Why HVAC Projects Go Well — or Poorly
HVAC projects in existing buildings can go well — or poorly. Among the positive strategies are using "mock-ups," as well as good communication and teamwork. The issues that can make a project go poorly include unplanned disruptions and a project falling behind schedule. Here's a closer look at the good and bad.
9. Use "mock-ups" and bench testing wherever possible. When an installation involves typical fixtures that are to be replicated throughout the facility (such as terminal units being upgraded, or new controllers for all air handlers), it is advisable to complete one unit start-to-finish before moving on to the rest. This allows the team to work through issues in a manner that can be replicated at the outset for the remaining installations. Similarly, bench testing commonly occurs in controls projects, where a new controls program can be put through its paces in a simulated environment prior to being loaded into a new air handler or chiller controller. This is extremely helpful for avoiding unexpected issues that would otherwise occur immediately after cutover.
The theme that runs through these tips is that timely and consistent communication is the most beneficial means of avoiding issues in HVAC projects in existing buildings. Most issues can be avoided by having the facility manager and contractor work as a team at the beginning of a project to address potential issues, and ensure everyone's expectations are consistent and all requirements will be met.
Robert Austin is assistant business manager, energy solutions, for Dewberry. He can be reached at email@example.com.
When HVAC Projects Fail to Deliver
When HVAC projects involve major renovation and construction, the jobs can actually be more manageable. This is because key stakeholders generally have an appreciation for how extensive an undertaking the project can be, and can plan accordingly. The most challenging HVAC projects tend to be the small to mid-size projects that may not receive the same attention to detail. Common issues that occur in HVAC projects include:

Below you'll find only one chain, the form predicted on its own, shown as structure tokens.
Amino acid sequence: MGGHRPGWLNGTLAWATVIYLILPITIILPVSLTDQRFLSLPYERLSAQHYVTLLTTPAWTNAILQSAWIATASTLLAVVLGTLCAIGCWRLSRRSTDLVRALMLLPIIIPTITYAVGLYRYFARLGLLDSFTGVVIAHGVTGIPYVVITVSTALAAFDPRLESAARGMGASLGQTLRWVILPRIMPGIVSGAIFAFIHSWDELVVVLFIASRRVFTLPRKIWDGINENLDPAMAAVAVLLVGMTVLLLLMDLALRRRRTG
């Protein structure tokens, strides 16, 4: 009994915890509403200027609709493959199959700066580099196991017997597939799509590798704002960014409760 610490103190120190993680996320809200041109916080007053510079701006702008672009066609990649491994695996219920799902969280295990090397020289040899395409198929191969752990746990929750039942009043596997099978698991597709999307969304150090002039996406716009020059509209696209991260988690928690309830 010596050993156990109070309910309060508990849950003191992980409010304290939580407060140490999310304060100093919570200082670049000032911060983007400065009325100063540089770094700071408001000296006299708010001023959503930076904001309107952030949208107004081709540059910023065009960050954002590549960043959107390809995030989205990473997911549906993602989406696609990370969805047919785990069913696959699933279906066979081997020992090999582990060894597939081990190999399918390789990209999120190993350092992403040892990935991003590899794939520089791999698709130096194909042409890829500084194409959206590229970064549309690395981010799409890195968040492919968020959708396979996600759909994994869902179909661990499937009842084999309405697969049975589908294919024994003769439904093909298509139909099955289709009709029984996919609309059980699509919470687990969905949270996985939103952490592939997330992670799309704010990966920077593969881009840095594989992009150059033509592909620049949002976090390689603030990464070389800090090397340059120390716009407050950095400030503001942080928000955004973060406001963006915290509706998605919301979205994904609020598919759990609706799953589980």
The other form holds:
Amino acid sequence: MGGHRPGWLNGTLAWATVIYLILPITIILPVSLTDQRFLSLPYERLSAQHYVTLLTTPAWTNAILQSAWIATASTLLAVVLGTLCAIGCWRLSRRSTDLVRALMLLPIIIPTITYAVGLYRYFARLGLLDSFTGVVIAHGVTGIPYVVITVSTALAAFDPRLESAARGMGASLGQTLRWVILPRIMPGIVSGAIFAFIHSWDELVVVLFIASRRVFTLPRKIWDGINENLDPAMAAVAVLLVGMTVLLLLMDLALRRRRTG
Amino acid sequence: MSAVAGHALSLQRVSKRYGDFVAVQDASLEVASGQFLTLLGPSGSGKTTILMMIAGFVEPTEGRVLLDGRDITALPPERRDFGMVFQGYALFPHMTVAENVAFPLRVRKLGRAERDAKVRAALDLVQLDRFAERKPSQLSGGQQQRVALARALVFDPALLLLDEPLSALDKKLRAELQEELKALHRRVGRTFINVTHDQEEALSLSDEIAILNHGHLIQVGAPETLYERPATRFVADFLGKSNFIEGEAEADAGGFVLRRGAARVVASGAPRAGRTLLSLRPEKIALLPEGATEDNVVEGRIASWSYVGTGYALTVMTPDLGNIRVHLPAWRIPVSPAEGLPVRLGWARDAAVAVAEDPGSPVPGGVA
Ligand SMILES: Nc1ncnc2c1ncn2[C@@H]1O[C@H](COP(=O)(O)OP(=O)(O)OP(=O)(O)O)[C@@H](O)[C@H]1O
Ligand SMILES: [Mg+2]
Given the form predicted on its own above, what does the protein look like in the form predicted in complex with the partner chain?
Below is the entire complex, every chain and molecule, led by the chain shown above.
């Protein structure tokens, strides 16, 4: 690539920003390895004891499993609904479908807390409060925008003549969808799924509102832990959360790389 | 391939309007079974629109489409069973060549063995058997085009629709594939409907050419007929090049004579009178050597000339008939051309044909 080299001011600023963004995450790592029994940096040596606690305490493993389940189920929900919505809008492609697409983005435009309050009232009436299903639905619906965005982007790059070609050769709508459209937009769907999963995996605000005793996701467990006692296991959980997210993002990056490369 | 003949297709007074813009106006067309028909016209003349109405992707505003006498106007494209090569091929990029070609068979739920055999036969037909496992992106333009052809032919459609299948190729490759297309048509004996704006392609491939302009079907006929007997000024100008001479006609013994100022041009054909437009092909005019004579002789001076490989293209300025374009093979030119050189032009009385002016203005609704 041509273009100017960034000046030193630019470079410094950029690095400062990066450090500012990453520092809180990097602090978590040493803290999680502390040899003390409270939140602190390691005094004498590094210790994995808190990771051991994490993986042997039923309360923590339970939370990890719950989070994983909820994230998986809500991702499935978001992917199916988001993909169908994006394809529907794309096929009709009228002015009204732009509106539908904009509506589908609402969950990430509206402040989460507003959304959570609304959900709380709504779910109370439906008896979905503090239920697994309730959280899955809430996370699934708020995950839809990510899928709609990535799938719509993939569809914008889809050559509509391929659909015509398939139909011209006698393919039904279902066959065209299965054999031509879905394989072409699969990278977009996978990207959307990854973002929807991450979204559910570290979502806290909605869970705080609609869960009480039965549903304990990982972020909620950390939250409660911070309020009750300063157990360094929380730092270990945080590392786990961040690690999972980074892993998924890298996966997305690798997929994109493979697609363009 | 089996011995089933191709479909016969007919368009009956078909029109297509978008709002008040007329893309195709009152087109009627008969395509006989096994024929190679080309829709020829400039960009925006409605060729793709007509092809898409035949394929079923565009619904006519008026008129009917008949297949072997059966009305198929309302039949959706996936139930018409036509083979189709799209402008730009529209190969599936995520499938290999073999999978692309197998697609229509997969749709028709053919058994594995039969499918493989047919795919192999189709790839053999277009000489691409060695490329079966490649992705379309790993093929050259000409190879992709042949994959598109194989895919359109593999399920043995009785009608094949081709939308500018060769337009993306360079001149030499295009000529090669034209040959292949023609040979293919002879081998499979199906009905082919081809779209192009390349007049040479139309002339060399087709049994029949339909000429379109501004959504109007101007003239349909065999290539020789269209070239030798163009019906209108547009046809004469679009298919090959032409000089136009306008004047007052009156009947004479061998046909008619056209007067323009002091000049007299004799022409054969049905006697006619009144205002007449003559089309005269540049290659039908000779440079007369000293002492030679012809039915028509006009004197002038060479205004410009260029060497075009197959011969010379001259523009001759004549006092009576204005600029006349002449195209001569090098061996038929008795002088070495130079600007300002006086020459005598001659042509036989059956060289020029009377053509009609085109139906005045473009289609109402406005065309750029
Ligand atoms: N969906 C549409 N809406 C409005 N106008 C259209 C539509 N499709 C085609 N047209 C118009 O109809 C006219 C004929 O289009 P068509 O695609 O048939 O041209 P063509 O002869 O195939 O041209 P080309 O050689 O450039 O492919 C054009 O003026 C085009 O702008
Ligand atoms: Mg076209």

Occupants Are Adversely Impacted By Unplanned Disruptions. The health and productivity of the occupants who work in the building are among the most important metrics for most facility managers. The most sensitive issue in any HVAC project in an existing facility is "how will the project affect occupants?"
Disruptions can take many forms:
- A tenant becomes irate because the air conditioning went down during an important customer presentation.
- A school is evacuated due to a "chemical smell" coming from the air conditioning vents.
- A fire alarm is inadvertently tripped, leading to an evacuation of a college classroom building during finals week.
These represent nightmare scenarios for facility operators that are caused by poor planning and communication.
Project Fails To Meet The Schedule. There are many reasons why HVAC projects fall behind schedule, but the most commonly recurring issues include:
- Site access constraints and occupant interruptions were not properly built into the schedule. Most contractors build their schedule assuming free, uninterrupted access throughout the facility. As this is often impractical in existing facilities, additional time should be built in to account for these delays.
- Job logistics and space constraints turn out to be much more onerous than anticipated. A contractor may have planned a schedule assuming multiple work crews accomplishing many tasks simultaneously. But once the project begins, it becomes apparent that the site can't support that many crews without compromising and disrupting facility operations.
- Lack of coordination between various trades completing the work. Most HVAC projects involve three contractors: mechanical, electrical, and controls. Facility managers will often opt to hire each contractor directly and act as the overall project manager without hiring a single prime or general contractor. This is usually to save cost in overhead and markups. The disadvantage becomes apparent when the facility manager doesn't have time to manage all aspects of the project every day, resulting in lapses in communication with the construction team that adversely impact the schedule.